I light a cigarette. The night is molded from freshly blown up beach balls and marinating meats. It is the cusp of summer. Maybe summer; the first night.
Y smells like me. She is wearing my sweatshirt.
It is a Friday night. A wild night. We are on the balcony; above it all.
Y, sitting on my lap, leans back. Some woman, somewhere, shouts, “la, la, la!” into the night. It sounds like she is stumbling. Y takes a breath and sighs.
“When I was in the hospital it was too warm.”
I try to smoke around her, willing her not to move.
“Like this?” I ask.
“No, inside, then someone, somewhere, opened a window. It wasn’t summer, but it smelled like summer. The whole place.”
I snuff out my cigarette and put my arms around her.
“That’s nice,” I tell her shoulder, gently.
“Mhm. I wrote a story while I was there.”
“About windows, and summer.”
“Want to tell me about it?”
She shrugs, “it wasn’t much of a story. It was just about how I feel when summer air comes in through a window. It brings back a lot of memories. All those people I spent my summers with. They were there with me in that room. I don’t know. It felt like being there again, living it again.”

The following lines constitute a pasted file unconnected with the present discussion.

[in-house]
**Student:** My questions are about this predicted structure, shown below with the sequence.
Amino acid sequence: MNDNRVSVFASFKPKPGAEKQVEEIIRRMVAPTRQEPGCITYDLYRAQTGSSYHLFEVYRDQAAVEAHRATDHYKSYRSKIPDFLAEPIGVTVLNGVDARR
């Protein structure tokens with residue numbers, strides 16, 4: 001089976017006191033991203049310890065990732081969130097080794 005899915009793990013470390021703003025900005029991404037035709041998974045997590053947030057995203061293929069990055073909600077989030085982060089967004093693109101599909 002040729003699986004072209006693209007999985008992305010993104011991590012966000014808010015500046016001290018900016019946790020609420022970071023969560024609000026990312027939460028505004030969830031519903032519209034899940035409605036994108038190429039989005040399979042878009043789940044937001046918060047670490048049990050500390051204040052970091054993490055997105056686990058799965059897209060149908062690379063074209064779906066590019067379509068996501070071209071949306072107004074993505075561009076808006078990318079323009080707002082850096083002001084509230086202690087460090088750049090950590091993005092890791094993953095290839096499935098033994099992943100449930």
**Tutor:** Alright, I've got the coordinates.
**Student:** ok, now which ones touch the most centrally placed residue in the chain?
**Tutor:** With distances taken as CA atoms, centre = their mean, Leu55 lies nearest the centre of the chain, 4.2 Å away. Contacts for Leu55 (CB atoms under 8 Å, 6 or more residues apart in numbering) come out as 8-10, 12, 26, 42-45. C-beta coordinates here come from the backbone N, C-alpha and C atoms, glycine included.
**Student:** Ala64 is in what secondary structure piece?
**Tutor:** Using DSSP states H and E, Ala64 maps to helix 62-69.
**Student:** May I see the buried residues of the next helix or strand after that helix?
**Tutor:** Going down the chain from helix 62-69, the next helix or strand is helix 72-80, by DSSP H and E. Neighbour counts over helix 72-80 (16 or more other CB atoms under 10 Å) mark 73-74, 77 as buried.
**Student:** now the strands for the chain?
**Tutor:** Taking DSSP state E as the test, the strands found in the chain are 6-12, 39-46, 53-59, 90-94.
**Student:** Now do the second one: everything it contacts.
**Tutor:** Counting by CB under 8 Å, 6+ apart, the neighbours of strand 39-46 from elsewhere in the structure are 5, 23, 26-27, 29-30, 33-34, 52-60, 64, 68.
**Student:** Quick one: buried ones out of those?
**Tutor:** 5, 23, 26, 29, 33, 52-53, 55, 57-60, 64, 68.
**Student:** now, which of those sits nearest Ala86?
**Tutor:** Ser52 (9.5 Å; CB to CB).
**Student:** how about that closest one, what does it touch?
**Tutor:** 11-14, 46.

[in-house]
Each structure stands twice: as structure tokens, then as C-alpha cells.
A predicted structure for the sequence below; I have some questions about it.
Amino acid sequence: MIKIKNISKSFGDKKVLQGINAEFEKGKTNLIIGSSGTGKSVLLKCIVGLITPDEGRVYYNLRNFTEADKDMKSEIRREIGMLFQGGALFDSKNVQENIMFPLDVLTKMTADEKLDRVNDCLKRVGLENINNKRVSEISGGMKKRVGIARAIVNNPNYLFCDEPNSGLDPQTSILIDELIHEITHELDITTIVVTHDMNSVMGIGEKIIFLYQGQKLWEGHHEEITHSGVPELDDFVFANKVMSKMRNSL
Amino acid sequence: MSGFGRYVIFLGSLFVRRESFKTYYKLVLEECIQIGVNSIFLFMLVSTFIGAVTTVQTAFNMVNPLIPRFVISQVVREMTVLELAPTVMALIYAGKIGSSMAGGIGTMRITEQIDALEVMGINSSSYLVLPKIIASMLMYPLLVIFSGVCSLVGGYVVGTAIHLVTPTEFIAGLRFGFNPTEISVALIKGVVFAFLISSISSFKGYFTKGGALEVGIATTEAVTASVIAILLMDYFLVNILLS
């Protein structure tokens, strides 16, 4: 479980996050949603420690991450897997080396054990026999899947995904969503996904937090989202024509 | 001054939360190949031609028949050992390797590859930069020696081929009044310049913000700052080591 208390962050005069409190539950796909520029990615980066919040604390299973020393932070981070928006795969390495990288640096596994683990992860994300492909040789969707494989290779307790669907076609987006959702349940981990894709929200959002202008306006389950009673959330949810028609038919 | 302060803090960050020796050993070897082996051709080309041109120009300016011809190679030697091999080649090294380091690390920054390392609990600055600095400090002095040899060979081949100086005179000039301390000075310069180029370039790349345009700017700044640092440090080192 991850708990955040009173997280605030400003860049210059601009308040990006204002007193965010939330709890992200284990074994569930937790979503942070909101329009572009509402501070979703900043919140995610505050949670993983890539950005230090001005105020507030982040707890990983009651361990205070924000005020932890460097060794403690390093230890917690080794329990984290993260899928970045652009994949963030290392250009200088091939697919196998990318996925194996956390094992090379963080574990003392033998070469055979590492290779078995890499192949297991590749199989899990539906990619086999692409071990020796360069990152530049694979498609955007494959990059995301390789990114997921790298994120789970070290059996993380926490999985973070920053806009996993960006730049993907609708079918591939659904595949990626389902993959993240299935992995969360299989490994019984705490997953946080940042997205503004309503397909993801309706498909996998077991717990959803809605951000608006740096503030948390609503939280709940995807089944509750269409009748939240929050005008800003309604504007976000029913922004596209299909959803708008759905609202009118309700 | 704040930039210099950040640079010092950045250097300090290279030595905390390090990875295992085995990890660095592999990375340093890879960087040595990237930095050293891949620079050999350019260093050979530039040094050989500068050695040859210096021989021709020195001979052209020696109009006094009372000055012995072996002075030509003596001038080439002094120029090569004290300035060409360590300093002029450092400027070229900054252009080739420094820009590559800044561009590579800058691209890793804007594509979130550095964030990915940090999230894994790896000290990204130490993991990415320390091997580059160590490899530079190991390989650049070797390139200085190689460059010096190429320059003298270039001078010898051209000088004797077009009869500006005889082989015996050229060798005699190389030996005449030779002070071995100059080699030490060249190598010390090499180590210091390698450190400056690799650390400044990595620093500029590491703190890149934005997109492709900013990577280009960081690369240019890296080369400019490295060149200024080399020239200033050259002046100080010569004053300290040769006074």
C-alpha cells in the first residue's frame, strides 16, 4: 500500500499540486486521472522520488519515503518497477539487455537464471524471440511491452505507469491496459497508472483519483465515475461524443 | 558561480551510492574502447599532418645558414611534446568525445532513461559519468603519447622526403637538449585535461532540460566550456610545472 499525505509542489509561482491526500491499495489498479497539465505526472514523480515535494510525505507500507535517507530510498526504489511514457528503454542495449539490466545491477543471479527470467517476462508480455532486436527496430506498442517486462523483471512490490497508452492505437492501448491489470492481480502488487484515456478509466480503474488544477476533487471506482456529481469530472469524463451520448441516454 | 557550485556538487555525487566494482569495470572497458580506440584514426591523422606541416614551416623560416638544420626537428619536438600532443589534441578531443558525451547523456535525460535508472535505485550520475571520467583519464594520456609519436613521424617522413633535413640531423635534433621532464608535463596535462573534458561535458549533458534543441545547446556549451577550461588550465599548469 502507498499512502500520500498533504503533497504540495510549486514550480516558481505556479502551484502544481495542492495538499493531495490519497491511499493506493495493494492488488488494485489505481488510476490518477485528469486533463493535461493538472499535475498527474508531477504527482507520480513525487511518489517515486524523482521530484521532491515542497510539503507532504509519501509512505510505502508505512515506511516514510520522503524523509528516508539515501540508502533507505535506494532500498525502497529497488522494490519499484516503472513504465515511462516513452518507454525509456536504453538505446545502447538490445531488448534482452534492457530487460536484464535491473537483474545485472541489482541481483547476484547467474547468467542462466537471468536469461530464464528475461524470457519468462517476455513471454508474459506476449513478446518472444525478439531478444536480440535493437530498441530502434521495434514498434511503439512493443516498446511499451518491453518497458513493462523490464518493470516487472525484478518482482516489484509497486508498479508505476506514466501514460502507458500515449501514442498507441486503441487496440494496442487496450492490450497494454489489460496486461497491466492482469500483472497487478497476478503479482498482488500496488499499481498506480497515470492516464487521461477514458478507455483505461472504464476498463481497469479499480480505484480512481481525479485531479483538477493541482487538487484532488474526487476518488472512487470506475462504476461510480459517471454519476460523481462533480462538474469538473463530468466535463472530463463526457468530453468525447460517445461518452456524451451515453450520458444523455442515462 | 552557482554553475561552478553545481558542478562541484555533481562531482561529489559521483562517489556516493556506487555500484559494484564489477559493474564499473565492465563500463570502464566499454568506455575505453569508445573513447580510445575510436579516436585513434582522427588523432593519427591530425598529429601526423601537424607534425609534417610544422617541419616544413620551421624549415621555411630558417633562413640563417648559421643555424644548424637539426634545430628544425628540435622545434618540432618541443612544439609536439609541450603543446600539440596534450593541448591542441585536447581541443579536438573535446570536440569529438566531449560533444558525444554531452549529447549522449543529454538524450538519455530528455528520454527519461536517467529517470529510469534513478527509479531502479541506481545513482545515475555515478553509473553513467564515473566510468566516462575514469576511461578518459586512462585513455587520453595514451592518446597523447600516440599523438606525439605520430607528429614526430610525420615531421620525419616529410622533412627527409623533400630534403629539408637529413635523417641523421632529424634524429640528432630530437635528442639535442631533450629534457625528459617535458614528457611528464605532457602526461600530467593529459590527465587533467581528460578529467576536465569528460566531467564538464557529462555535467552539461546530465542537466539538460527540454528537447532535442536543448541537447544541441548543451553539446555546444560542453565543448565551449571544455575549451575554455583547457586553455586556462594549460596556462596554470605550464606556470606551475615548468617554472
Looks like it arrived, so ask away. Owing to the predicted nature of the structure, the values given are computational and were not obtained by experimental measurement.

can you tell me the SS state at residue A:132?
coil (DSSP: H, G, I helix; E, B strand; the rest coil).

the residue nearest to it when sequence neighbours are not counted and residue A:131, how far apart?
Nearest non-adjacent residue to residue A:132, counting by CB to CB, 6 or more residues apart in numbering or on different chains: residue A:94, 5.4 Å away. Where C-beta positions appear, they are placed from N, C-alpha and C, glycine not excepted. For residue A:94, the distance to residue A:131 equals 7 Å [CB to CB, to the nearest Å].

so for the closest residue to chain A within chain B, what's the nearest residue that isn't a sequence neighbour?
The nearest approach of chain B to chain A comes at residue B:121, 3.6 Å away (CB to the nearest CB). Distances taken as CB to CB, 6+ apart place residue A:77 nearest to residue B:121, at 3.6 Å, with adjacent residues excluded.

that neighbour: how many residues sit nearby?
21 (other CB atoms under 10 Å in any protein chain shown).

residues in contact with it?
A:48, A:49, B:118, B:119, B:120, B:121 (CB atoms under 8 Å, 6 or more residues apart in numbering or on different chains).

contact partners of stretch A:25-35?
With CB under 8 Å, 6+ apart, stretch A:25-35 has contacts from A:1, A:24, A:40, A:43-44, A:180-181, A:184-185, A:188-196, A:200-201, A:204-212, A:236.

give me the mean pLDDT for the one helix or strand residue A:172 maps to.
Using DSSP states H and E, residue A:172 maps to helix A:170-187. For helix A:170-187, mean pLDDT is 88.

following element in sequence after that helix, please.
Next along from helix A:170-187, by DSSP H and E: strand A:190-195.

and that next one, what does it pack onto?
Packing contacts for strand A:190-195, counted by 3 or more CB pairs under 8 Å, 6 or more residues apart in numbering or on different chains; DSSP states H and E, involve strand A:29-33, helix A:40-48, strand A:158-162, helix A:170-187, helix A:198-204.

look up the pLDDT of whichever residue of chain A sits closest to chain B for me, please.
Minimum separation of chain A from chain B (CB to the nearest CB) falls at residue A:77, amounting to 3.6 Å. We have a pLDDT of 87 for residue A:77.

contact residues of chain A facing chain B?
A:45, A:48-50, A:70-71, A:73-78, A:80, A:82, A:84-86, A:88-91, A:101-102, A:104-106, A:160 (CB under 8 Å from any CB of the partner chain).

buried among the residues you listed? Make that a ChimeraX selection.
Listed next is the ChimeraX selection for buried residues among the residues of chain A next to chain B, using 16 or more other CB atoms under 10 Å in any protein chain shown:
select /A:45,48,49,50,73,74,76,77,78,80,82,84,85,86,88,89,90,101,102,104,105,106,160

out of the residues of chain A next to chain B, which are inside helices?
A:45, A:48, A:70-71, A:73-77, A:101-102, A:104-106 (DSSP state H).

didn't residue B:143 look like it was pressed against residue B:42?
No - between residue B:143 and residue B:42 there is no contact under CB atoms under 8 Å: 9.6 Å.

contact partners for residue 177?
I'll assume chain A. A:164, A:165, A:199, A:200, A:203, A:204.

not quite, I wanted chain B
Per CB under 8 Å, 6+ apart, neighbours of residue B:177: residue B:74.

I nod. “I know what you mean.”
I can feel her body smile, sadly. “I don’t know if you do.”
I kiss her neck anyways. I light another cigarette. She turns in my lap to stare at it. She rolls her eyes.
“You smoke too much.”
I look down at the inundated ashtray and nod. “I do. I like it. It will probably be what kills me.”
“Bleh, boring. Boring way to go,” she tells me.
I shrug. “Meh, you never know. Maybe I’ll die tomorrow.”
She looks at the building across, a few lights are on.
“Or maybe I’ll kill you,” she says. She is holding my hand as she says it, making it seem like not so bad of an idea.
“Maybe,” I tell her.
She turns, she puts her face against mine. She holds it there. I drop my cigarette on the ground, hold her close.
Someone, somewhere, closes the window.